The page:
In the camp: After the war
The eyes of 15-year-old Eric clearly reflect all the grief which has accumulated there in the recent years. The memories of the hostilities in his native village are still fresh in his mind. He can hardly hide an irresistible desire to return to Talish, where he spent his childhood and where he still sees his future.
“Shooting had been always commonplace in our village and we are no longer afraid. But it was really awful that day. We were woken up by the sounds of shots, went down into the basement and stayed there until 3 a.m. Then we came out and went to the village administration building. Villagers were evacuated in cars from there. When in the basement, I thought it was the end…but if we can be sure about our safety, we will be the first to return to the village, says Eric Sargsyan.
He is from the Talish village, located in the southeastern part of Nagorno-Karabakh. His family now lives in Charentsavan, Armenia.
Talish residents (500 people) were evacuated following large-scale hostilities waged by Azerbaijani armed forces on April 2nd of this year. They resettled in various cities of Karabakh and Armenia.
David Petrosyan, 14, is also from Talish. Like many others, his family was also taken to Charentsavan. The only thing he remembers from the April 2 nightmare is how hard he pressed his hands over his ears to muffle the ‘sounds of war’.
“I had many friends there, but now we’re all in different places: Charentsavan, Hrazdan, Abovyan…We miss each other, but iwhat can we do? That night I was sure everything would be fine, that we would survive. Now we are here, making new friends. Everybody here has gone through the war, and that’s exactly the thing that unites us somehow, says David, tightly hugging his brother Vahe.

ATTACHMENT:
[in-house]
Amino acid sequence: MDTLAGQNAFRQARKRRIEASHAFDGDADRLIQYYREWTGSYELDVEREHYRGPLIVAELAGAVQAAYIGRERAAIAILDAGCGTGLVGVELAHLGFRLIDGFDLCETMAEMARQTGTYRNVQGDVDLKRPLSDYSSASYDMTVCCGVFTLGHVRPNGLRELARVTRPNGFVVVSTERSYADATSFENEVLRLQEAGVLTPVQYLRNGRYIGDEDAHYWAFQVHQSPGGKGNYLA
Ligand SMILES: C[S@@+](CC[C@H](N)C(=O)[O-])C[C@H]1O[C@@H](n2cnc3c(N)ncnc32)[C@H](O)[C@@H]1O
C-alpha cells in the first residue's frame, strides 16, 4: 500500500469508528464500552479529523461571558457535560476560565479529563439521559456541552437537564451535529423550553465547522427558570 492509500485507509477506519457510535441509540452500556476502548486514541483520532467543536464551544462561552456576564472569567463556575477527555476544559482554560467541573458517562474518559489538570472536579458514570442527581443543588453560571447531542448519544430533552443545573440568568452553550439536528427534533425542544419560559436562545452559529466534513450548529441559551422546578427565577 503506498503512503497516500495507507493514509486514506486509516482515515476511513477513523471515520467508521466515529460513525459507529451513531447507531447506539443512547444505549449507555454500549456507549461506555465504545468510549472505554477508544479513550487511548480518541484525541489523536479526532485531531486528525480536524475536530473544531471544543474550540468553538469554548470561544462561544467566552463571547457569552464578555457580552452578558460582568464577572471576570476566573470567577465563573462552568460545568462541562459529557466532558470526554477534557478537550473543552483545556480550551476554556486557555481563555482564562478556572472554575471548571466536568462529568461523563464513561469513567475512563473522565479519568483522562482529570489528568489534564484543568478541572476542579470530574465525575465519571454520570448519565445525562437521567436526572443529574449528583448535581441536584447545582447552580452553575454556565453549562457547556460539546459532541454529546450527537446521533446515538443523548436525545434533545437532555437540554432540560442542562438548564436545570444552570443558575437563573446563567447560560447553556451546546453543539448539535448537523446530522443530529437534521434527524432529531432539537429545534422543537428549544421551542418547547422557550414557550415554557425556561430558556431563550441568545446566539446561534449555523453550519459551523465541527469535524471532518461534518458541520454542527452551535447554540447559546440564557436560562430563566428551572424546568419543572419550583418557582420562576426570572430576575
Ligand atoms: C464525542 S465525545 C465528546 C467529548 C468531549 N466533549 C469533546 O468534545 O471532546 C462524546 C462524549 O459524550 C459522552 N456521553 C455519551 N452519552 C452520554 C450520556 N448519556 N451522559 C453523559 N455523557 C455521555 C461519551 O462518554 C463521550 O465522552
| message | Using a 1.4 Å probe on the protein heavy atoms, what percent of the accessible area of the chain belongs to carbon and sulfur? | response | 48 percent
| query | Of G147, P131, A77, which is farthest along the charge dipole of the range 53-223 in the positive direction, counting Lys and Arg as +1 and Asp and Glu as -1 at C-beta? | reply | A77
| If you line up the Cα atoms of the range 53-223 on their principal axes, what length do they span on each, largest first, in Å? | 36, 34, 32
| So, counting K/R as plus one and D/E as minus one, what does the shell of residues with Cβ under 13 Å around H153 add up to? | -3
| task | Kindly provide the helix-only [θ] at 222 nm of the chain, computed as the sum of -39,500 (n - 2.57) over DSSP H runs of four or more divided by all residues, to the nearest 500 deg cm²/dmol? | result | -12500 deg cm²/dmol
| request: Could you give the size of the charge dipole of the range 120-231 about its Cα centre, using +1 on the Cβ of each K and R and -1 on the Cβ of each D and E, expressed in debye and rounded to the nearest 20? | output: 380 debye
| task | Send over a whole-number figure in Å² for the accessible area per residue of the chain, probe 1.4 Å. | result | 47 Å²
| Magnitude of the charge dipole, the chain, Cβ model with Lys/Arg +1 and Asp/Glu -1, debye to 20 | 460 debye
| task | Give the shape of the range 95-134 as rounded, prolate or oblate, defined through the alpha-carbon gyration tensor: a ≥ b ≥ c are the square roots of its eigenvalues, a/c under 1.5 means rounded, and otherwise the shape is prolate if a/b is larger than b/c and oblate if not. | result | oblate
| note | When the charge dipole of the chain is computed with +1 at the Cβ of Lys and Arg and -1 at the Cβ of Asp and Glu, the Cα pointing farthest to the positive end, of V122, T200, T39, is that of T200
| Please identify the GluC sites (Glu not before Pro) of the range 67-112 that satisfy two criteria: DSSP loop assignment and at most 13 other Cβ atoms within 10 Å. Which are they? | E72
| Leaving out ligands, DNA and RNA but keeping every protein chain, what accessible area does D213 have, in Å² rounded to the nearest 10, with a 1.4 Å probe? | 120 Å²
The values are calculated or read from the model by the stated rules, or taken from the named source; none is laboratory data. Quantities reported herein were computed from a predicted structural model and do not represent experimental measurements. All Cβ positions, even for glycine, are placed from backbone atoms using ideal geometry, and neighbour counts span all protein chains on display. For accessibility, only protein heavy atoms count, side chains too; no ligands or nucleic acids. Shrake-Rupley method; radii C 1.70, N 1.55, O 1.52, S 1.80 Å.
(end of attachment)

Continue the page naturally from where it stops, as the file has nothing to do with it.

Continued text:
8 teens from Talish spent the last days of summer together with other 32 youngsters, who had earlier moved to Armenia from from Iraq and Syria, in the Aramyan camp of the Young Men’s Christian Association (YMCA), in Vanadzor, 150 km away from Yerevan.
According to Siranush Vardanyan, the head of the program Save the Children, which assists Syrian Armenians and is a project that is underway in the Aramyan camp has a single goal: to relieve the children’s stress, who, at various points in their life, have experienced the horrors of war. In his words, the YMCA camp provides the best conditions for acheiving this goal. It has become possible to implement the program through funding provided by the Office of the UN High Commissioner for Refugees.
“Regrettably, these children and young people have experienced war. They have seen mines and bombs explode right in front of their eyes. They witnessed all these things, and here they trying to get rid of their stress. Our volunteer youth leaders are Armenians from Iraq and Syria, who themselves immigrated to Armenia not too long ago. They have gone down the same road as these children, who are a little bit younger than they are, are taking now, says Siranush Vardanyan.
Each of the youth leaders has 4 supervisors. The camp participants’ ages ranges from 12 to 17. They spend 12 days total in the camp. There is no Internet in the YMCA Aramyan camp and the children don’t use mobile phones either. It’s not something random nor something created to realize the project, but rather an individual approach in the psychological rehabilitation process.
Anahit Hayrapetyan, External Relations Coordinator at the Office of the United Nations High Commissioner for Refugees (UNHCR Armenia), notes:
“Eeveryone here has his/her own role and responsibility. You can hear Western Armenian [spoken by non-native Armenians], as well as the Eastern Armenian [which is spoken in Armenia]. There are youngsters in this group, who have just recently moved to Armenia. There are also those, who’ve been here for quite a long time already. All of them have their wounds to their souls: some of them have deeper ones, others’ have more or less healed, some of them have already been to this camp and everyone understand each other, says Hayrapetyan.